“The 2020 “This Girl Can” game night was a great start to what we hope becomes an annual event positioned around International Women’s Day,” said Cliff Mapes, Raiders Executive Director of Business Operations. “I believe this event will continue to grow with the incredible support we have received from our corporate partners, the City of Prince Albert and local minor sport organizations.”
The Regina Pats host post-game skates with kids who attend the games throughout the season,. This opportunity gives kids and parents the chance to interact with the players and get to know who is lacing up for their local club. After the game, the kids and their parents get to lace up and skate around at the Brandt Centre where they are shortly there after joined by members of the Pats.
Pats defenceman Kyle Walker notes the impact and importance of staying active in the community. Walker highlights the role meeting WHL players had when he was younger.
“The post-game skates are a great opportunity to meet some of our younger fans,” Walker said. ” Growing up I used to go to Oil Kings and Oilers games with my dad and it was the little things like when the players gave you a quick chirp or hit the boards, that stuff sticks with you as a kid.”
The Pats are also active in their community, making visits to schools as well as volunteering at local stores.
“One of the things I really liked this year was going to a couple local of Tim Horton’s locations with my teammates and trading hockey cards with kids there,” Walker said. “Another good one is helping out at the local grocery stores; I know we do a lot of stuff for kids in the community but I think helping out there is great showing what we as a Club want to do for our city.”
Community investment and interaction is one of the best ways the Blades give back to their fans. Every year, like many WHL Clubs, the Blades take on a number of community initiatives, from outdoor skating activities with kids, to reading in the classroom and inviting young supporters to the rink for a variety of hands-on activities.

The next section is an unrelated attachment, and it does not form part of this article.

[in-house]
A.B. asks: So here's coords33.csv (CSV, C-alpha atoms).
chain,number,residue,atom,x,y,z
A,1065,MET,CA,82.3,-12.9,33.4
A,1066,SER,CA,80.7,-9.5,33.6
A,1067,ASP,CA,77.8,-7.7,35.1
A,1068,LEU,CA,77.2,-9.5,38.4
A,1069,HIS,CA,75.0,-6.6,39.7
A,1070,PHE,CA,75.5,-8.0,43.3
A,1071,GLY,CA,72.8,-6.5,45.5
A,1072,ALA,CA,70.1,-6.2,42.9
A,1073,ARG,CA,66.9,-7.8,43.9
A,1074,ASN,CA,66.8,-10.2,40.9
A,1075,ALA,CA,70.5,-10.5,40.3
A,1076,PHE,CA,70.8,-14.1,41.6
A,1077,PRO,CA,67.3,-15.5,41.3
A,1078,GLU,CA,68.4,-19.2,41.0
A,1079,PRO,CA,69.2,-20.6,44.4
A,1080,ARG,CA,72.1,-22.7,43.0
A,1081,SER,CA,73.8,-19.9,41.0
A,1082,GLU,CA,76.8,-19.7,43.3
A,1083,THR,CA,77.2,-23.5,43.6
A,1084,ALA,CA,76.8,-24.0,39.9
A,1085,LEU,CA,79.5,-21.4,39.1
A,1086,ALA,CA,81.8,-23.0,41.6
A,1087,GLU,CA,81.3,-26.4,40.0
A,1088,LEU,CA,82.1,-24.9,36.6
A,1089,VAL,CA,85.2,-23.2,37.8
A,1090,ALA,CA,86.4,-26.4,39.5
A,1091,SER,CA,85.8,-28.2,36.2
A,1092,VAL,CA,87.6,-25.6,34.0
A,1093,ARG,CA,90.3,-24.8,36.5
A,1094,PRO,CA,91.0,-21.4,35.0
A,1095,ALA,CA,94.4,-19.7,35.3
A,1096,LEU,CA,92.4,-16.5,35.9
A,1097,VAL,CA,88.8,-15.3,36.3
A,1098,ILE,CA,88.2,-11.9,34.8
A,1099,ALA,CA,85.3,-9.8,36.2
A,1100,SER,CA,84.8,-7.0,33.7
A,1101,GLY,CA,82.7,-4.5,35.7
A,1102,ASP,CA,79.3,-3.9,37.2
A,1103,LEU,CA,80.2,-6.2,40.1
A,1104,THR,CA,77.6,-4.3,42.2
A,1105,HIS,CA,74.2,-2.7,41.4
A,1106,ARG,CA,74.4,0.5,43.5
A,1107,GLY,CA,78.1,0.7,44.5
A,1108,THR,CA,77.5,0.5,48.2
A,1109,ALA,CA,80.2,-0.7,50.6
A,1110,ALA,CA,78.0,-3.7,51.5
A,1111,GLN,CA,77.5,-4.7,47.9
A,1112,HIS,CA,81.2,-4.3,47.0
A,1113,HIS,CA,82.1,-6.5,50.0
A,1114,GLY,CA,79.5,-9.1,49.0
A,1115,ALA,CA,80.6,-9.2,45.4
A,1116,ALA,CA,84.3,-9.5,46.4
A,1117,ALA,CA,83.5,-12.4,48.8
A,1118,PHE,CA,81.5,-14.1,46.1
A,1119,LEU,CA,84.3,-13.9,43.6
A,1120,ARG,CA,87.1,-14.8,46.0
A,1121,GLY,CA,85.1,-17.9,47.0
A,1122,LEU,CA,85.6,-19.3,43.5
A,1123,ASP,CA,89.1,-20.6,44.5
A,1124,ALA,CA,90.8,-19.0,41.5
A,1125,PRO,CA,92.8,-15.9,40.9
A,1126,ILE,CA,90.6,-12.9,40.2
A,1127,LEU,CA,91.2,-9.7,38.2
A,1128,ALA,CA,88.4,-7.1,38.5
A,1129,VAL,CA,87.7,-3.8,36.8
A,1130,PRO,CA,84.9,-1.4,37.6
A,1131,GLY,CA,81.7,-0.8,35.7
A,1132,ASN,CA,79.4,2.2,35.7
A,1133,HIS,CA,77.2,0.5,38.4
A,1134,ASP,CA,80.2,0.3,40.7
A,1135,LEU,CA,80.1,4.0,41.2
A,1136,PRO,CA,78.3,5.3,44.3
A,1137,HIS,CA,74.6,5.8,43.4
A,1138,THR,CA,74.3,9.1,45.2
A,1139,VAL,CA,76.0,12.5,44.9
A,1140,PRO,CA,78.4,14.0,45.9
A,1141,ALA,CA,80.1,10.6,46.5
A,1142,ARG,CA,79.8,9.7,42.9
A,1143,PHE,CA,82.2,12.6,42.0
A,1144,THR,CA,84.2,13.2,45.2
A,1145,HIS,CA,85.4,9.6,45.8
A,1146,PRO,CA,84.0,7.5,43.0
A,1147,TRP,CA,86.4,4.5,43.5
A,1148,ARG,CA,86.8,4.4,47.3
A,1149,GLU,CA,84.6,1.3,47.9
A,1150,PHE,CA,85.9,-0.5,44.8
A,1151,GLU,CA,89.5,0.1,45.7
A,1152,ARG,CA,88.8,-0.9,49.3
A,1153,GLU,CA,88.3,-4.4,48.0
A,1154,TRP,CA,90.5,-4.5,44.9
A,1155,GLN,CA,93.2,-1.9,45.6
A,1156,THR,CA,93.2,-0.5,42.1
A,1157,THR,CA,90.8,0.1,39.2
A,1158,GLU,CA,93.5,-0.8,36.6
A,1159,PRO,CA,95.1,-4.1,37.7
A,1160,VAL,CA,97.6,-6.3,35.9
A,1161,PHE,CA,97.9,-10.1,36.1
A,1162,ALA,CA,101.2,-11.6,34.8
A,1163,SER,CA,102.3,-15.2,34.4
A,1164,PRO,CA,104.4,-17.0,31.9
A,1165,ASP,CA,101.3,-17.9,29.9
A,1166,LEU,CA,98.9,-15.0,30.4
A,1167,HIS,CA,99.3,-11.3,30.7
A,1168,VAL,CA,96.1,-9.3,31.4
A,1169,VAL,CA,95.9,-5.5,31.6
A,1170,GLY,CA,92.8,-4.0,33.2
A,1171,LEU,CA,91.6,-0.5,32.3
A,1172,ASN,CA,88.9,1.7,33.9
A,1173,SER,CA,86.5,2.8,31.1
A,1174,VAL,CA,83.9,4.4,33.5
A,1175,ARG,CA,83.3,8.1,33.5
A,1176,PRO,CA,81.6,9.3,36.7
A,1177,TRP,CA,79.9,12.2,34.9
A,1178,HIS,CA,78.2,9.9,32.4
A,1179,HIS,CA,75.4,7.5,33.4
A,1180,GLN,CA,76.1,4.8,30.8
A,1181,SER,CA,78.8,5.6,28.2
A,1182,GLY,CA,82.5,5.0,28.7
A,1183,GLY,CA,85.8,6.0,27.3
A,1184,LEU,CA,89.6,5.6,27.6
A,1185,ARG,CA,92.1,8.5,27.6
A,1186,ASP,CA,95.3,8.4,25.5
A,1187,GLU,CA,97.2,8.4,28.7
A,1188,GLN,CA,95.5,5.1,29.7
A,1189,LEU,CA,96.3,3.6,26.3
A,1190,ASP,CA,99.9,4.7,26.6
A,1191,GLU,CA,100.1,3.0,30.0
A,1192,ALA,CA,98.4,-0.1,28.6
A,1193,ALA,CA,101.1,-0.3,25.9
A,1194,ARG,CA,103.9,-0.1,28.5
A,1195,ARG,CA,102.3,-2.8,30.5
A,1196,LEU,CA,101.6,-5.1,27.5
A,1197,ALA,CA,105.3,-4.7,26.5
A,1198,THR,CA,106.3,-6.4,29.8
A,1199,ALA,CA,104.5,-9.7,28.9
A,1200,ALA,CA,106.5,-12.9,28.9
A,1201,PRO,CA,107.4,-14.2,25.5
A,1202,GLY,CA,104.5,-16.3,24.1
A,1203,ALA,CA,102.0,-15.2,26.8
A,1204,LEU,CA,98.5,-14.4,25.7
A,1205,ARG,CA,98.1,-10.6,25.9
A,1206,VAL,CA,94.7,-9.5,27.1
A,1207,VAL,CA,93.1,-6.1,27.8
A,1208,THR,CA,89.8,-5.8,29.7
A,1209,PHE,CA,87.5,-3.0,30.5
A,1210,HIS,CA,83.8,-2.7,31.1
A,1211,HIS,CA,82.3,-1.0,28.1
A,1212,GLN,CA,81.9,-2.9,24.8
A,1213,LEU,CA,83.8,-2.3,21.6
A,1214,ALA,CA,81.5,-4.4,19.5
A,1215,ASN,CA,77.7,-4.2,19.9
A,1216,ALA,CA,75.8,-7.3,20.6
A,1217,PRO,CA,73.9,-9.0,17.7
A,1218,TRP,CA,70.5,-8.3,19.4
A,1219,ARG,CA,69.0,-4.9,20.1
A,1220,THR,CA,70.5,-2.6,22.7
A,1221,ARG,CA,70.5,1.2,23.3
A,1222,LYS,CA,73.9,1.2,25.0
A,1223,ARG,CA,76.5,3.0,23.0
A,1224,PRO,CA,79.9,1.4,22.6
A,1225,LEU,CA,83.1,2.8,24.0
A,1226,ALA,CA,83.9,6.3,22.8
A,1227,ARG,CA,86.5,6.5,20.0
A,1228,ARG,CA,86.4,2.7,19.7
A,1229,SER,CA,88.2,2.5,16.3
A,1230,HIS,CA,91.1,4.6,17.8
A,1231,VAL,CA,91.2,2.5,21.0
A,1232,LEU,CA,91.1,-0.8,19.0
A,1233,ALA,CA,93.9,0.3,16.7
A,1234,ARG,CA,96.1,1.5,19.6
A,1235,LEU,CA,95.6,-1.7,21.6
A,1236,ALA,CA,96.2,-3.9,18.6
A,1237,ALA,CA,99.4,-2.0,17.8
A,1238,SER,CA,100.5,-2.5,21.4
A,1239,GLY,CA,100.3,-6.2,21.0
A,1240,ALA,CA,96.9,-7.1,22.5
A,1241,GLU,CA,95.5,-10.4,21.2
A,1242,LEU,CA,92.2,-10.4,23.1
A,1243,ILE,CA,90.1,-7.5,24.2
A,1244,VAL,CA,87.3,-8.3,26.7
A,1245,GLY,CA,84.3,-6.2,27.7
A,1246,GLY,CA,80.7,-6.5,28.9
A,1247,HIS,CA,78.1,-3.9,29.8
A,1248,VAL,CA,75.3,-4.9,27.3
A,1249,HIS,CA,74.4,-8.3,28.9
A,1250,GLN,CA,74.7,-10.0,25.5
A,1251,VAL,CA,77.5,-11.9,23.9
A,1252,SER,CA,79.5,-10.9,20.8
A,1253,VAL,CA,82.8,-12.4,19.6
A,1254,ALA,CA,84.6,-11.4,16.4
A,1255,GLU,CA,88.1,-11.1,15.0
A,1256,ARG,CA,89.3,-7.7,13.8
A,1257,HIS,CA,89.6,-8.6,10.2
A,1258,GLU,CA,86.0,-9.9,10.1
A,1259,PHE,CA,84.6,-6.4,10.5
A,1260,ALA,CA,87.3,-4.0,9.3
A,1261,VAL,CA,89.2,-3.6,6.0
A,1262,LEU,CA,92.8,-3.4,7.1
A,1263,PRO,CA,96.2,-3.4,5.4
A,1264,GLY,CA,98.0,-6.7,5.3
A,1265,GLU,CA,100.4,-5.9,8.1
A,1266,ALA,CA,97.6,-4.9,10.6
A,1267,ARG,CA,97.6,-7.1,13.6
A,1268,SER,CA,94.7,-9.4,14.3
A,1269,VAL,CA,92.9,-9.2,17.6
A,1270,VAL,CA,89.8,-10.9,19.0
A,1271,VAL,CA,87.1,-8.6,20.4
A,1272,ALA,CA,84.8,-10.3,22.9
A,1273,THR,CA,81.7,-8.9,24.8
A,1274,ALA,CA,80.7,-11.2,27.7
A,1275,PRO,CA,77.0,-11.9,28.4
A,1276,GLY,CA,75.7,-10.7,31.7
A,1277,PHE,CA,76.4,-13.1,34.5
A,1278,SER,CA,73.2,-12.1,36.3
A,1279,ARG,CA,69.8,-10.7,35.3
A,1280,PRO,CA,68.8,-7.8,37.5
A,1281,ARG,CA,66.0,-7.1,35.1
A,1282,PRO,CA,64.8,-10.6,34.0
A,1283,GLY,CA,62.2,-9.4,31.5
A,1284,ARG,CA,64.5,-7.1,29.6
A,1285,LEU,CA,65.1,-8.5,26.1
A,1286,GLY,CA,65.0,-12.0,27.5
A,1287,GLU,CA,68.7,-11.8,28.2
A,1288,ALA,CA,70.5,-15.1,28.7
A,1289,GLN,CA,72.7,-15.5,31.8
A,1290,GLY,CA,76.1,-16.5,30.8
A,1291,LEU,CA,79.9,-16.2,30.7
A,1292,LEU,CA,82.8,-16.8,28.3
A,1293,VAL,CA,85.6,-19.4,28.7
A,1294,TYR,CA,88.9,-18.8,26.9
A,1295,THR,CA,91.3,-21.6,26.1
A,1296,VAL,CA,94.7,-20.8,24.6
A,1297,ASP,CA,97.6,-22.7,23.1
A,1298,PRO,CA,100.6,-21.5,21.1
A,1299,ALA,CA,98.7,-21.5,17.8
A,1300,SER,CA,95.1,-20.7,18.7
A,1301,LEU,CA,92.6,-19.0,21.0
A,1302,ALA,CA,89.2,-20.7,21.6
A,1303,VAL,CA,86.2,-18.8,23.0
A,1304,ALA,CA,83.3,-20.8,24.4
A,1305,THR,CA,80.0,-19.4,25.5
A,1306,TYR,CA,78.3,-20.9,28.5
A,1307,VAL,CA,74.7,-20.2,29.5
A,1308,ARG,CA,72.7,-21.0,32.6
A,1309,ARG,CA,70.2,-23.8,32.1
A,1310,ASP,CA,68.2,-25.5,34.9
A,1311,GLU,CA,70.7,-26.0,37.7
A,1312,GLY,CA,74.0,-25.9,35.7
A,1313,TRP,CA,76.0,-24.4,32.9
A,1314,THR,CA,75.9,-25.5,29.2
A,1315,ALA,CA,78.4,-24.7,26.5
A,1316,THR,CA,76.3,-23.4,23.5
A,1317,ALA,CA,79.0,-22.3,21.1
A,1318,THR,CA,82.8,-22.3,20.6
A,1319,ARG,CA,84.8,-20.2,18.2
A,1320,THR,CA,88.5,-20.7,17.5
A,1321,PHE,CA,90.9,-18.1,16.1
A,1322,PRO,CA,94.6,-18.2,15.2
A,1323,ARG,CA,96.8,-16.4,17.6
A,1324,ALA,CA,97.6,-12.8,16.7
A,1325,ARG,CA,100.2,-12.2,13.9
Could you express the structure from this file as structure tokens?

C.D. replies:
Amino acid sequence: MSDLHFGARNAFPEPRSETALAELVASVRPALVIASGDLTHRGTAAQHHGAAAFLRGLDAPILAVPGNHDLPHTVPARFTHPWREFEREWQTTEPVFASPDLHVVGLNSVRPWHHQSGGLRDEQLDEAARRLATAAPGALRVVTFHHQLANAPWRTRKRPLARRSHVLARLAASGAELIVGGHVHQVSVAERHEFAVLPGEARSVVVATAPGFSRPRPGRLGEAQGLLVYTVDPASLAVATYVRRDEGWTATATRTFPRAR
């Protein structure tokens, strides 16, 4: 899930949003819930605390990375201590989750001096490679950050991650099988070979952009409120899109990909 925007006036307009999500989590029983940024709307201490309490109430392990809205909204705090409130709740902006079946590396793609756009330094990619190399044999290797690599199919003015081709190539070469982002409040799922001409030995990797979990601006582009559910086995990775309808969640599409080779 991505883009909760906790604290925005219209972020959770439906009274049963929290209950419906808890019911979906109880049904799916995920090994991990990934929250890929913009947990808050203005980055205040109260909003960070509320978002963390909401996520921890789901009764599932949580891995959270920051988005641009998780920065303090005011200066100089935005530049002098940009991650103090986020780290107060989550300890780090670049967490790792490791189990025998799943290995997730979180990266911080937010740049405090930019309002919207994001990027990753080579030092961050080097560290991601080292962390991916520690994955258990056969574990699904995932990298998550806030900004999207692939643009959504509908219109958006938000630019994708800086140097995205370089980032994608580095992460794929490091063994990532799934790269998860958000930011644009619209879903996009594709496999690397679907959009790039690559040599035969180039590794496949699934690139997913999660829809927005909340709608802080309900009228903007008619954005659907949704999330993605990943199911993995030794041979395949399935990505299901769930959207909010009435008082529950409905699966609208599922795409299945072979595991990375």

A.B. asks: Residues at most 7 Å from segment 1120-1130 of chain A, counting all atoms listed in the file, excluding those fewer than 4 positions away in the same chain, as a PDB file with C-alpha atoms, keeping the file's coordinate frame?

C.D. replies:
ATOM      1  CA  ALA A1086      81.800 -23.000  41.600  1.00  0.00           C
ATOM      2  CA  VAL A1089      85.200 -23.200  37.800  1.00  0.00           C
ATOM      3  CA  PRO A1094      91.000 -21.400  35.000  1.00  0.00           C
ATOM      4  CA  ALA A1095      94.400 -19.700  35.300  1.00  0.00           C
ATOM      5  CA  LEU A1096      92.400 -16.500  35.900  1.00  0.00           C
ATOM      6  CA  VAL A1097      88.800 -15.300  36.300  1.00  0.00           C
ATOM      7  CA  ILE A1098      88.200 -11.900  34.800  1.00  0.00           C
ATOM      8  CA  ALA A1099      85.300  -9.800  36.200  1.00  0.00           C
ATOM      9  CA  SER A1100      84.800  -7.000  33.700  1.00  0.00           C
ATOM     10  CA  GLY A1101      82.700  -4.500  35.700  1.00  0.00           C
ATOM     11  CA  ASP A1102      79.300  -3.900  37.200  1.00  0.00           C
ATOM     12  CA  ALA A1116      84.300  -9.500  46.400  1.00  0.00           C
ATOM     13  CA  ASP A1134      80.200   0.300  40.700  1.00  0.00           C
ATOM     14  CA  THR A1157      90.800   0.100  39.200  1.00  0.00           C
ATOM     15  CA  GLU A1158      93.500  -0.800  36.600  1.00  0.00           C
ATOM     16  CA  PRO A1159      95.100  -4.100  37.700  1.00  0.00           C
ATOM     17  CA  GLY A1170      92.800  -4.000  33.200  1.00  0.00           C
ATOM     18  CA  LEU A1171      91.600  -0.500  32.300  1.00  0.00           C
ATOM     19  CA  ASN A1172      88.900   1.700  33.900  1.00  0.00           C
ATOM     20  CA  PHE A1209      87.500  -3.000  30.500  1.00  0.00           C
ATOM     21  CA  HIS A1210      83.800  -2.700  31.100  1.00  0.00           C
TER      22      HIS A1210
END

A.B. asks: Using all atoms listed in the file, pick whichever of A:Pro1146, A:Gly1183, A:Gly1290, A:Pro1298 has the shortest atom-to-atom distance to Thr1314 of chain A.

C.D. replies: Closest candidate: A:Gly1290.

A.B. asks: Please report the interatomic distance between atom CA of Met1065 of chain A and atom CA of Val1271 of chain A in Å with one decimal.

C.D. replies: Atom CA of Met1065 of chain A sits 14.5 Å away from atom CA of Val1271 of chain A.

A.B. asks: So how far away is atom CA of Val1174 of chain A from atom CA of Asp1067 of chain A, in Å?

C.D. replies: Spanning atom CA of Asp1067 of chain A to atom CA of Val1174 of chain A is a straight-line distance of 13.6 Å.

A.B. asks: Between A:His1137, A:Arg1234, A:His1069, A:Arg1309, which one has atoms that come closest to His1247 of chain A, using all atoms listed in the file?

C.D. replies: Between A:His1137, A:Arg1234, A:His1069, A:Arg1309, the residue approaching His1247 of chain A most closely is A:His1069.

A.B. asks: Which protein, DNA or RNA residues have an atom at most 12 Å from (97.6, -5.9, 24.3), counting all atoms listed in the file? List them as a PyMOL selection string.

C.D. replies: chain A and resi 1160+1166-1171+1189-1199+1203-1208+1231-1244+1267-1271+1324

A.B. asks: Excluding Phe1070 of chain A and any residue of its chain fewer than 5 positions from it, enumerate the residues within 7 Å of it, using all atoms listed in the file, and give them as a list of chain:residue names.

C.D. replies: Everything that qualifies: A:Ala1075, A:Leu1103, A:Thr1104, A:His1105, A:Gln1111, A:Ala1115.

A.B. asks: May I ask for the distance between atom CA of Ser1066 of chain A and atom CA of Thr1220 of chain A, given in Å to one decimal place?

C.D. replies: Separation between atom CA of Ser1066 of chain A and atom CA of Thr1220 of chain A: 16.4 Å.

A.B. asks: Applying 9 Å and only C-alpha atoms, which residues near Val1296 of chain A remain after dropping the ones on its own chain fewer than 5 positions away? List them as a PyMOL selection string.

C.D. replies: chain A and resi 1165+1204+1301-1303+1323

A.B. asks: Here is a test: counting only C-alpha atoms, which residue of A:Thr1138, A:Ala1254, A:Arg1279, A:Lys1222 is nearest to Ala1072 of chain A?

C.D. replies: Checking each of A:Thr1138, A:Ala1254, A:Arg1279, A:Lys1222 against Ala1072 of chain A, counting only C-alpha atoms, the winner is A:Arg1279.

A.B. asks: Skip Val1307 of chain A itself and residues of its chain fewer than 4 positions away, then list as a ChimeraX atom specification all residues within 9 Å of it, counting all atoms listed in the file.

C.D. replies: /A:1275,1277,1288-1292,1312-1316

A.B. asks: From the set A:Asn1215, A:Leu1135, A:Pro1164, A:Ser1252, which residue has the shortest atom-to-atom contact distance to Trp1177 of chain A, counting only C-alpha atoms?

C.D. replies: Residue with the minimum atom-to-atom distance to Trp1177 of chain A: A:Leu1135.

One of the Blades’ most successful endeavours this season was the Family Day Skate. Blades players and staff were invited out for some outdoor skating and shinny at the Meewasin outdoor rink during Family Day in February, creating smiles and memories for those that support us all season long.
For three hours, the Blades, along with Pokecheck, enjoyed interacting with fans, signing autographs, taking photos, sipping hot chocolate, and playing the game that brings the community together.
Another event that took place at the rink and brought out hundreds of young Blades fans, was the Kids Takeover on January 10. Following the Club’s 2-1 victory over Edmonton, the Blades invited elementary students onto the ice to design and colour the Club’s rink boards
The Blades fans proved to be much more than just greatest supporters, but also tremendous artists. Prior to the game, the Blades also invited a young girl to announce the starting lineup and voice in-game announcements. The game provided a great opportunity allowing kids to literally takeover the game which was a huge hit.
In the Club’s return to Winnipeg, the ICE have kept active with their involvement in minor hockey. The ICE players went to over 25 practices this year as part of the Club’s Practice with the ICE program. Each time, two to three ICE players would get engaged in drills and ran some of practice. Some of the sessions included community fairs or hockey tournaments.
At these events, players such as Carson Lambos, Nolan Orzeck and Liam Hughes interacted with those who attend ance, making sessions welcoming to all skill levels.
The program concluded with the ICE skills clinic. The event hosted the full ICE roster and had the players run sessions for the youth at the ICE’s Training Facility free of charge.